The Dome of the Rock
This is the view of Old Jerusalem from the Mount of Olives
Nothing is as simple as it seems and this was the revelation that Israel gave to me. Entering a country has never been so difficult, complicated and time consuming as was the case from Jordan into Israel. We entered by land on a special bus and were essentially escorted to the “doors” of the border. In the Arrivals Area, we had to present our passport no less than 10 times and waited close to two hours before all of our groups luggage had been cleared by security. After such a long wait we were finally permitted to enter Israel only to be escorted by bus directly to Jericho which lies in the West Bank in Palestinian Territory and out of Israel again.
Once in Jericho (after going through yet another security checkpoint) which claims to be the world’s oldest town and the lowest town in the world at 260m below sea level, we saw the Mount & Monastery of Temptation where Jesus was tempted by Satan. The first things we were tempted by were freshly squeezed Pomegranate juice and Jericho dates. I passed on the juice but purchased a 1kg package of dates out of the trunk of a car
for $5 US. They were the most delicious dates I have ever tasted in my life and yes, I ate the whole box in a matter of a week. Delicious! The afternoon was more somber and serious. We visited Yad Vashem, Israel’s moving memorial to the millions of victims of the Nazi Holocaust. We only had about three hours to work our way through the museum which wasn’t sufficient to see all of the grounds as well which includes a children’s museum to remember the over 1.5 million Jewish children exterminated during the Holocaust. At the end of the exhibit is the Hall of Remembrance where the floor is inscribed with the names of victims. Before exiting the museum the doors open onto a vista looking over a grove of over 6 million trees planted to commemorate the over 6 million Jews exterminated during the Holocaust – an eloquent and breathtaking tribute.
Along the way, we also stopped by the Dead Sea also called the Salt Sea; it has 33% salinity. It is 423m below sea level making it the lowest point on earth. Nothing can grow in it due to its salt content hence the name but people
can float in it and we certainly did. It was the strangest feeling to float so easily lying on your back or on your stomach and even standing up! It also has certain health and healing benefits and the salt from the Dead Sea is used in cosmetics such as the skincare line Ahava.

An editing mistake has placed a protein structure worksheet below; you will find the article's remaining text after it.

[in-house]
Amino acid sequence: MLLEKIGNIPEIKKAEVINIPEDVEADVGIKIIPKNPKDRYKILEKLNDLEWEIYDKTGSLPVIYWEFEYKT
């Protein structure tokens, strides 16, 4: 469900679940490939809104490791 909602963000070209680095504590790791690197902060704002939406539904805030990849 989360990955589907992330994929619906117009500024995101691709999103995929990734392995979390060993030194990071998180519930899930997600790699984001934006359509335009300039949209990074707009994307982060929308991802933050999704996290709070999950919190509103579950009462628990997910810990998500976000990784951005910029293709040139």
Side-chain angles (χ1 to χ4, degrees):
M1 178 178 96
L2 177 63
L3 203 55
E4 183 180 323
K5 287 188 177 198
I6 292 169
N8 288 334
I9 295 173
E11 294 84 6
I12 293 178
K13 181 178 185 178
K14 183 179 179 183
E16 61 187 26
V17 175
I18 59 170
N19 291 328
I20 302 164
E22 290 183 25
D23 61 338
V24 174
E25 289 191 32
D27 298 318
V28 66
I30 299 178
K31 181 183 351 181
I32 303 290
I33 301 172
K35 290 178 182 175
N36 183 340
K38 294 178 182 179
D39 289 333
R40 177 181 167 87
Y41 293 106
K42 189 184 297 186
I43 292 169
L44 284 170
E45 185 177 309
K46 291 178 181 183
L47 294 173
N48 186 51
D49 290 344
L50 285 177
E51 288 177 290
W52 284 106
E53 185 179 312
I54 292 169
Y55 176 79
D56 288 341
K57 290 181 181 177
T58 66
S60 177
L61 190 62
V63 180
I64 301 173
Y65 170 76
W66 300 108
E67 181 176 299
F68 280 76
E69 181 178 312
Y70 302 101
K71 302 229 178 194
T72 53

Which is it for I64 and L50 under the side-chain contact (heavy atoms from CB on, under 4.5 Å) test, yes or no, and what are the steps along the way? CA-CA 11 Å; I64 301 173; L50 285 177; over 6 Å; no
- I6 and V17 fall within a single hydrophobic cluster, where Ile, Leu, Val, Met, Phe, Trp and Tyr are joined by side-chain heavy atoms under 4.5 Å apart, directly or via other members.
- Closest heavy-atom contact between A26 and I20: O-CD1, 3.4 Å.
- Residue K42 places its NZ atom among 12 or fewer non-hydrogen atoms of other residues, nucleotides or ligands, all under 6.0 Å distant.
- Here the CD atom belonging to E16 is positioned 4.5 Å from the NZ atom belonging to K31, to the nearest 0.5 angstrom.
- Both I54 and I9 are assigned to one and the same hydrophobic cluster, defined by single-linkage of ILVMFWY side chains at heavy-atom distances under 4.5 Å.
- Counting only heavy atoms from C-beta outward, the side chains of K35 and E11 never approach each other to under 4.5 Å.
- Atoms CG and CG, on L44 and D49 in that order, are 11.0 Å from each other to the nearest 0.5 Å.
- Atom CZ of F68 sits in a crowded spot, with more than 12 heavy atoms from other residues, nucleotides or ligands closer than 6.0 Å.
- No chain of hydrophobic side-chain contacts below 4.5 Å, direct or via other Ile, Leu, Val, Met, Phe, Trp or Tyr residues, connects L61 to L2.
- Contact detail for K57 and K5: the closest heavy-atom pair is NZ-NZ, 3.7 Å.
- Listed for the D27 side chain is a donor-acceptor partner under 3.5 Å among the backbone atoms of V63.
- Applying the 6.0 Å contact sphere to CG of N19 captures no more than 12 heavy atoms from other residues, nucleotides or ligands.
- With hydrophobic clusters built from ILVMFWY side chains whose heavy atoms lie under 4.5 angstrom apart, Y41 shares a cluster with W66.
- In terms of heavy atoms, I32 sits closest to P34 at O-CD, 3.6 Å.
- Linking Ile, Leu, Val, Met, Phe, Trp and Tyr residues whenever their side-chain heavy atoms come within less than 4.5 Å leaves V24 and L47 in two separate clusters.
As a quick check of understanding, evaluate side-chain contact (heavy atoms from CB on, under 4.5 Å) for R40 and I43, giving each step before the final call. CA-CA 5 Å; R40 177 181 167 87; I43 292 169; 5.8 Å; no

From the Mount of Olives, I looked over to Old Jerusalem. It is a spectacular view with the Dome of the Rock as its centerpiece – so much religion, history, significance and controversy concentrated in this piece of land. As we descended the Mount of Olives by the Palm Sunday Road, we made our way to the Garden of Gethsemane where Jesus went to pray before Judas betrayed him with a kiss. The garden still has several ancient olive trees that may have been standing during Jesus’ lifetime. The peace in this garden was so serene and still even though it is now nowhere its original size and surrounded by a three churches and a Jewish Cemetery. Jerusalem, the Old City is surrounded by a wall which was commissioned by Suleymant the Magnificent between 1537 and 1542. The Old City is divided into Jewish, Muslim,
Armenian and Christian Quarters. I entered from Damascus Gate, considered the most attractive of all the gates but what I would consider the busiest and most crowded since vendors of all sorts of things are found here. The Lion’s Gate is the starting point of Via Dolorosa or The Stations of the Cross. This being the route that the condemned Jesus took as he carried the cross to the Calvary. Nine stations are outdoors and the final five stations are all in the Church of the Holy Sepulcher or the Cavalry. This is where the Catholic, Greek Orthodox, Ethiopian and Coptic churches all believe that Jesus was crucified, buried and resurrected. The church itself is a collision of several types of architecture from various time periods. The cobblestone and winding streets of Old Jerusalem are filled with religious pilgrims, tourists, cats, school children, soldiers, shoppers and vendors trying to sell every kind of ware from cellphone cases to bagels to falafels to religious relics and souvenirs.
The Temple Mount was built over the biblical Mt Moriah, the location of the foundation stone of the world itself. It was here that Adam, Cain, Abel and Noah performed ritual sacrifices, and
where Abraham offered his own son, Isaac, to God in a supreme test of faith. It was also the location of Solomon’s First Temple, where the Ark of the Covenant was housed, and the site of the Second Temple (home of the “Holy of the Holies”, the sacred alter to which only high priests were permitted). This site is also considered holy by Muslims; it’s the 7th century site of Mohammed’s ascension to heaven to join Allah, making it Islam’s third-holiest site after Mecca and Medina. The centerpiece of the Temple Mount is the gold-plated, mosaic-adorned Dome of the Rock which covers the slab of stone on which Abraham prepared his sacrifice, and from which Mohammed ascended to heaven. Unfortunately, non-Muslims are not permitted to enter the mosque, so I was only able to walk around the Temple Mount.
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